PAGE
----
PMI Palma International airport is going through a good year in 2011. Passenger figures between January and July 2011 were up some 8.4 % on the previous year with a total of 12,683,541 air passenger movements, according to AENA, the Spanish airport body. That in itself is not an outstanding number but, 3,403,098 passengers were counted for the month of July alone, making this a best ever monthly figure in the 50 plus years of PMI airport history, representing an increase of 11.8 % over the same month of the previous year. And the month of August 2011 is expected to better the record figure. Everybody is pleased except for the people in Egypt and other North African destinations.

Hotel occupancy was recorded for July 2011 by the Federación Empresarial Hotelera de Mallorca (Mallorcan Hotel Federation) at 93 %, a figure not recorded for the previous four years. There are some good bits about Mallorca, even in the time of crash and crisis.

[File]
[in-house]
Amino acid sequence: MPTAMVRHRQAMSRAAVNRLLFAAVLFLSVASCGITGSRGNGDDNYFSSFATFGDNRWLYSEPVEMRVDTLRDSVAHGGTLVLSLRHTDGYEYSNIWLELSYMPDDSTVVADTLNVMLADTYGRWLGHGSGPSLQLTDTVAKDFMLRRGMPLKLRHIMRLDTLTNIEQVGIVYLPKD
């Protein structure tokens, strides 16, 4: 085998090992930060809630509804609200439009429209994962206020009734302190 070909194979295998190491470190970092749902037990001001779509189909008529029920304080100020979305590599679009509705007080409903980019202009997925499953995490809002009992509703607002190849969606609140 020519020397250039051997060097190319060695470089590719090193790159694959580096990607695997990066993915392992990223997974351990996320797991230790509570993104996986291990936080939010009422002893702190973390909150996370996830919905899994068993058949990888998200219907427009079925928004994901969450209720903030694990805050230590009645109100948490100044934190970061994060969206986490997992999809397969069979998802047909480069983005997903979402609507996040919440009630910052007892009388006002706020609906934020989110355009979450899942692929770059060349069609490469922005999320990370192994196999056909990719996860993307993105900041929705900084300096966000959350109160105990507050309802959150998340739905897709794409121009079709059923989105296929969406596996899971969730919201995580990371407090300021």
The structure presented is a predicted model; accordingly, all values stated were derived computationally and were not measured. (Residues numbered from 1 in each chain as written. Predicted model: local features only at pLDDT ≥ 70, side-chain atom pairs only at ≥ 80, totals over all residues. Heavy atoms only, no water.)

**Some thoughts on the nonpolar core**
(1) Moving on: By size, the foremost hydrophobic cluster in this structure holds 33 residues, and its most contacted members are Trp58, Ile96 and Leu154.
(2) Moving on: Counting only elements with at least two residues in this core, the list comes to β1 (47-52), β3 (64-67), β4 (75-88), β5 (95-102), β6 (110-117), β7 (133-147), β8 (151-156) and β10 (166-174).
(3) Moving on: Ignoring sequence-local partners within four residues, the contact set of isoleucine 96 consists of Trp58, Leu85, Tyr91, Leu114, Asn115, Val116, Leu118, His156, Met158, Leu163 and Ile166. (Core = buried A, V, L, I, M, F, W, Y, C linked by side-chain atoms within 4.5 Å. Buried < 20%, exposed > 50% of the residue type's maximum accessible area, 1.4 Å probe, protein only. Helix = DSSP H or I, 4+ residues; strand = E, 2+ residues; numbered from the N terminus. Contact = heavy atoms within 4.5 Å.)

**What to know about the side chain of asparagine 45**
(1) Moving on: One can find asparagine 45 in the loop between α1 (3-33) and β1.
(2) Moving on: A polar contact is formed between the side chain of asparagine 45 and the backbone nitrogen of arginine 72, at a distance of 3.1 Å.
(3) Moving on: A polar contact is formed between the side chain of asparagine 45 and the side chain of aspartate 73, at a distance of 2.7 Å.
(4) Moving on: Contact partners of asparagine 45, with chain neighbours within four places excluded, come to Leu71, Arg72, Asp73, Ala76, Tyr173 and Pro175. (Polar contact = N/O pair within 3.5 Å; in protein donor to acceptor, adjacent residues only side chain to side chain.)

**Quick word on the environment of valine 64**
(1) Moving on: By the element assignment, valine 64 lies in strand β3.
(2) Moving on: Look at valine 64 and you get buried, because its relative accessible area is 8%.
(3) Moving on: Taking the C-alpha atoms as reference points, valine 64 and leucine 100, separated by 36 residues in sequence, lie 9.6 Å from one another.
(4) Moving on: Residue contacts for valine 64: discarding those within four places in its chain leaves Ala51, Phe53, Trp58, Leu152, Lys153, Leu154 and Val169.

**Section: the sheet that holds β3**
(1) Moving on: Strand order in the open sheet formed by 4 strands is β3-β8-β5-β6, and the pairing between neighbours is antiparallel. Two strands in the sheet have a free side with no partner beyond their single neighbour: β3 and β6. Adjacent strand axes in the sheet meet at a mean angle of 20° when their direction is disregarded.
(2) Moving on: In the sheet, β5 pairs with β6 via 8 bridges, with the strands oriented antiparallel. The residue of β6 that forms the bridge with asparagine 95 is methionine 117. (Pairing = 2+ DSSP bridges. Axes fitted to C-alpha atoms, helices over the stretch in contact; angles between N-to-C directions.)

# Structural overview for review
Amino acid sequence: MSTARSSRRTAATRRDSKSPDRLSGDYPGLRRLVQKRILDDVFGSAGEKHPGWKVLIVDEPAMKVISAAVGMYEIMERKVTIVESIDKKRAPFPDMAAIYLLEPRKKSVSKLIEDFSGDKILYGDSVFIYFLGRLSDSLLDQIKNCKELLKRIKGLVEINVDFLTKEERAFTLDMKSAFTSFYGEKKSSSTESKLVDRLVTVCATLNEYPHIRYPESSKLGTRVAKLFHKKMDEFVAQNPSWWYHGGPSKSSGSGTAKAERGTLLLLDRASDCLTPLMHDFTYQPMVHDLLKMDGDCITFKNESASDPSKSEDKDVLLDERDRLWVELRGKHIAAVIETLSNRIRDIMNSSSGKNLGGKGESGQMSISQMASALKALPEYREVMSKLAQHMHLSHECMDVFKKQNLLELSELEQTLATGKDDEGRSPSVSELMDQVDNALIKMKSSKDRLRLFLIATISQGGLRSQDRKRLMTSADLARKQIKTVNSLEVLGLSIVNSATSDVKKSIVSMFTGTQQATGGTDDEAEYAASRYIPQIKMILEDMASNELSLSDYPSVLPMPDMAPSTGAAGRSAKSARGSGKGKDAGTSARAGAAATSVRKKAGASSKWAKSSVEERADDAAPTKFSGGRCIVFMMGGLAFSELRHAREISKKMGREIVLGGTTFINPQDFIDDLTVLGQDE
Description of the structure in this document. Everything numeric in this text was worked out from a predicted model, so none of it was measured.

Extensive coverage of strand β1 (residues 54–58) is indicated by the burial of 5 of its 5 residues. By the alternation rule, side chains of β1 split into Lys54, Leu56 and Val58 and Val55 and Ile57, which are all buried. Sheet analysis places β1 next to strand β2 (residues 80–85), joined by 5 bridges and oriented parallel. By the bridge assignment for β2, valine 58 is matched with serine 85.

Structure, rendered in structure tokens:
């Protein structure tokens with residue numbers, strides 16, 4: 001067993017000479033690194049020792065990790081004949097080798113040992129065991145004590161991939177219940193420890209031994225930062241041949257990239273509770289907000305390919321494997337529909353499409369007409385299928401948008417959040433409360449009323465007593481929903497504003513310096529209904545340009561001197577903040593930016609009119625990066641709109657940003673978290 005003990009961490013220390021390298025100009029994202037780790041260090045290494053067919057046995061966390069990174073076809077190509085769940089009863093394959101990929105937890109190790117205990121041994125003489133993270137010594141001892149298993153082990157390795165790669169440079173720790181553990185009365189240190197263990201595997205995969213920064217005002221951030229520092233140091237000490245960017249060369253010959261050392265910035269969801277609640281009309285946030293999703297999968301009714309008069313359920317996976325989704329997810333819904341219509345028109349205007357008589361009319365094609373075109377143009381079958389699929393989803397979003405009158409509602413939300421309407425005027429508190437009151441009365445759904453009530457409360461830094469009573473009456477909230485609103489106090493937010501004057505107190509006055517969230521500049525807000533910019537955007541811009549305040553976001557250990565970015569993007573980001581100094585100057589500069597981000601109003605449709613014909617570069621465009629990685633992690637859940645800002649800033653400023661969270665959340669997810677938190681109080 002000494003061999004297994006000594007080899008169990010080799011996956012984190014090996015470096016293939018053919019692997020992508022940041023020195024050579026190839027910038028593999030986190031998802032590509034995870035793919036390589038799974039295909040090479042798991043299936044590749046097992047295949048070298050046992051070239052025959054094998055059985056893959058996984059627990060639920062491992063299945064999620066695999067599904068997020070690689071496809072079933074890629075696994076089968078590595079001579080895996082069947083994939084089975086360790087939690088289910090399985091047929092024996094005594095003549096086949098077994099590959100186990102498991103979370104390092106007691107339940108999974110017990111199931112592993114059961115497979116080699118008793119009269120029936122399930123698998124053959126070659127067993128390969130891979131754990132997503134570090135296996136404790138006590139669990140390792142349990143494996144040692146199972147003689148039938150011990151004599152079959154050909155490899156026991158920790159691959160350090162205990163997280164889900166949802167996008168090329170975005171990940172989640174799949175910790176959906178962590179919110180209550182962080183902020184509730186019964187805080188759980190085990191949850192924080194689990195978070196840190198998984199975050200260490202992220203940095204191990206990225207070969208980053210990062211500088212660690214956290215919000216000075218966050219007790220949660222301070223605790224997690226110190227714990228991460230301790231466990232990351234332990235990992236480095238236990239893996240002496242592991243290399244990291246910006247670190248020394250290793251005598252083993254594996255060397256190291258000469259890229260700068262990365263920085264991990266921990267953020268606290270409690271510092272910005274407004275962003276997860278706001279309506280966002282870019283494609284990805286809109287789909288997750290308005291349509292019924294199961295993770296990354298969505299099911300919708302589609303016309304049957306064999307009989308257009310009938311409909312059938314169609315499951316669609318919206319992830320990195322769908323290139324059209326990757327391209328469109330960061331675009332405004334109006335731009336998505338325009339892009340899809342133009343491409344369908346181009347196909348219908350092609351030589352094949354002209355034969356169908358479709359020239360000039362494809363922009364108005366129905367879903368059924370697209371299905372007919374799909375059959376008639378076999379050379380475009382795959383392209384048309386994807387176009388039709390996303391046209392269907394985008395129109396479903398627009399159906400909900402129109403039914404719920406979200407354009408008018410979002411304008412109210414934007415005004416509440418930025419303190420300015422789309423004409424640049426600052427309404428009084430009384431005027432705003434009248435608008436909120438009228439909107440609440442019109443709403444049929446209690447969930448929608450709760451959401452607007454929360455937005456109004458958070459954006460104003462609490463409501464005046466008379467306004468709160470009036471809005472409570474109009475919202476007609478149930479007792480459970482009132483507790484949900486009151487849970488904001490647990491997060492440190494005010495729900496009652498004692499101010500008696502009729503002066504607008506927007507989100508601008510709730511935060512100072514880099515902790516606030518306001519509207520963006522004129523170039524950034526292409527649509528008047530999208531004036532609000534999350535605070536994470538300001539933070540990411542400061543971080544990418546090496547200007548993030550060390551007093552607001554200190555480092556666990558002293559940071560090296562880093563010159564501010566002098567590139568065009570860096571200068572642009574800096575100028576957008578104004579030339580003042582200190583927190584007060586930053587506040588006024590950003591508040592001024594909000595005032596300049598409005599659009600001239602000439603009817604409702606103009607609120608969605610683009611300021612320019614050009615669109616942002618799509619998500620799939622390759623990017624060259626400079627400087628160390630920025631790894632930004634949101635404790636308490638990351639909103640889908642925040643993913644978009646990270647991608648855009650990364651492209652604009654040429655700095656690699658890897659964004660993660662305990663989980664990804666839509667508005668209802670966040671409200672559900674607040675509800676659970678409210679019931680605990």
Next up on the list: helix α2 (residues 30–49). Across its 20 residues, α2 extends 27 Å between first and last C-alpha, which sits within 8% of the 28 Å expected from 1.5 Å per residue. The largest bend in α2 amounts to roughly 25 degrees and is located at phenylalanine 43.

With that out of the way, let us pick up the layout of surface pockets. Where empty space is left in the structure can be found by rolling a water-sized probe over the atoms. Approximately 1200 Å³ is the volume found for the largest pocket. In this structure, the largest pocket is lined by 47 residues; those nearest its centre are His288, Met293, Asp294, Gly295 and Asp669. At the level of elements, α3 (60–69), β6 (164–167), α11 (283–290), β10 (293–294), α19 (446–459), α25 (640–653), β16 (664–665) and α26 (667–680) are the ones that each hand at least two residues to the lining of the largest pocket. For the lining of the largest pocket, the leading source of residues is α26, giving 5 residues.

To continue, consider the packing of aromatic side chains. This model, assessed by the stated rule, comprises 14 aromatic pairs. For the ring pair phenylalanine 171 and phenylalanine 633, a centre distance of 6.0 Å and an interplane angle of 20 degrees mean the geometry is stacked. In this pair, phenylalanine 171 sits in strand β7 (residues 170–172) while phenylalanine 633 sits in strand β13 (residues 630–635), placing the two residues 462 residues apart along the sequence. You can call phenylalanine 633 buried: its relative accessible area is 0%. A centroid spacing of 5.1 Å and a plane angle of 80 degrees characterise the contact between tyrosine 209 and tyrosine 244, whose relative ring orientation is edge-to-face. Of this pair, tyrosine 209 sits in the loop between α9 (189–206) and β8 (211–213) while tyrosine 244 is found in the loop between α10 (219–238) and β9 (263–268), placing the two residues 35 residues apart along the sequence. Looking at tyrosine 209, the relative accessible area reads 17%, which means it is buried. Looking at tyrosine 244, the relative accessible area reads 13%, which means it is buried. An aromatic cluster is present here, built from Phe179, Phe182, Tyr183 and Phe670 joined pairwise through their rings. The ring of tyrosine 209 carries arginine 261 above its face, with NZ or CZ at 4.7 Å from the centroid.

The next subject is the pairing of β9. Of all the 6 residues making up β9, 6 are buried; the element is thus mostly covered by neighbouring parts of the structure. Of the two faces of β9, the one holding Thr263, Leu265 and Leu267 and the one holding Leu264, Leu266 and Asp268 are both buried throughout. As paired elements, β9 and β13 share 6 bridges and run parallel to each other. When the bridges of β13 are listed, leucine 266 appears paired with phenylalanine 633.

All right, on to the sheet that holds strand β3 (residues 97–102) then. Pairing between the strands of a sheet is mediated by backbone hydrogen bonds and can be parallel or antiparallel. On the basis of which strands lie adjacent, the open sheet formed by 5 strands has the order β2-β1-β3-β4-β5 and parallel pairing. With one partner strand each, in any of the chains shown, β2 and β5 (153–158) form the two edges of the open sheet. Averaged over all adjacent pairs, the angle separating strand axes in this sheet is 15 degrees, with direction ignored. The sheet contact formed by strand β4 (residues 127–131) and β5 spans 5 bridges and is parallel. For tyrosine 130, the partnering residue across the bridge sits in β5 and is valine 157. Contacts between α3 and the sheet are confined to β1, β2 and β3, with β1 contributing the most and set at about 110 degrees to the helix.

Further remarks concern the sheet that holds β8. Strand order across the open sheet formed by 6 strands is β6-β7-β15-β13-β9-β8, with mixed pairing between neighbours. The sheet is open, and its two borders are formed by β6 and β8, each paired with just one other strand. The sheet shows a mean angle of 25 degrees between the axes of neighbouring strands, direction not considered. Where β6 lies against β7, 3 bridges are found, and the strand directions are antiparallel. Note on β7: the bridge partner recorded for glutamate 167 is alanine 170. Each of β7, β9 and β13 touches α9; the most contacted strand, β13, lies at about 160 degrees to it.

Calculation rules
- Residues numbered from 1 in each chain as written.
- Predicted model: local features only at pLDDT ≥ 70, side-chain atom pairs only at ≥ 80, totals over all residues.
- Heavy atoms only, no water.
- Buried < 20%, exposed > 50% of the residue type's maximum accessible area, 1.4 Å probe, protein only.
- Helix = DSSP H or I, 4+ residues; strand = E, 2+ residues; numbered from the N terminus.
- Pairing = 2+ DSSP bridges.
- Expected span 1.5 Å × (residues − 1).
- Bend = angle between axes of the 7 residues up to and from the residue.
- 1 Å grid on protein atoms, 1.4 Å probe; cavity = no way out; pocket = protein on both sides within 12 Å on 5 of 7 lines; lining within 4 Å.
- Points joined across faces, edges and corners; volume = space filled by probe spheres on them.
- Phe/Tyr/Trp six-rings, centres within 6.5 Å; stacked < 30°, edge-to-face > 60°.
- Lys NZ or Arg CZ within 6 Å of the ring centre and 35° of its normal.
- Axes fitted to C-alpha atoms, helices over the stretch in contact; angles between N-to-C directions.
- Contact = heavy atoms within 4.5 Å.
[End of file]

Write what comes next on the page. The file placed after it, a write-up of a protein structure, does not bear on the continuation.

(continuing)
The photo was taken at PMI airport, Palma de Mallorca, Baleares, Spain. The date: August 14th, 2011. The time was 00:26:18.

A Record Figure of 3,403,098 Passenger Movements

The Ca n’Oleza Patio

The courtyard of Ca n’Oleza, dating from the end of the 17th century, is one of the best preserved patios (courtyards) in Palma and one of its best known. The imposing building was constructed for Jaume Ballester d’Oleza i Ballester (1625-1699) who came from one of the oldest and most noble families in Mallorca. One of his ancestors, Jaime de Oleza, had come here with King Jaume I, the conquistador, in 1229. The Oleza family was – and is – closely related by blood and by marriage to other families of nobility here in Mallorca, such as the Sureda, Vivot, Berga, and Togores, as well as the Condes de Ayamans. It’s a small world.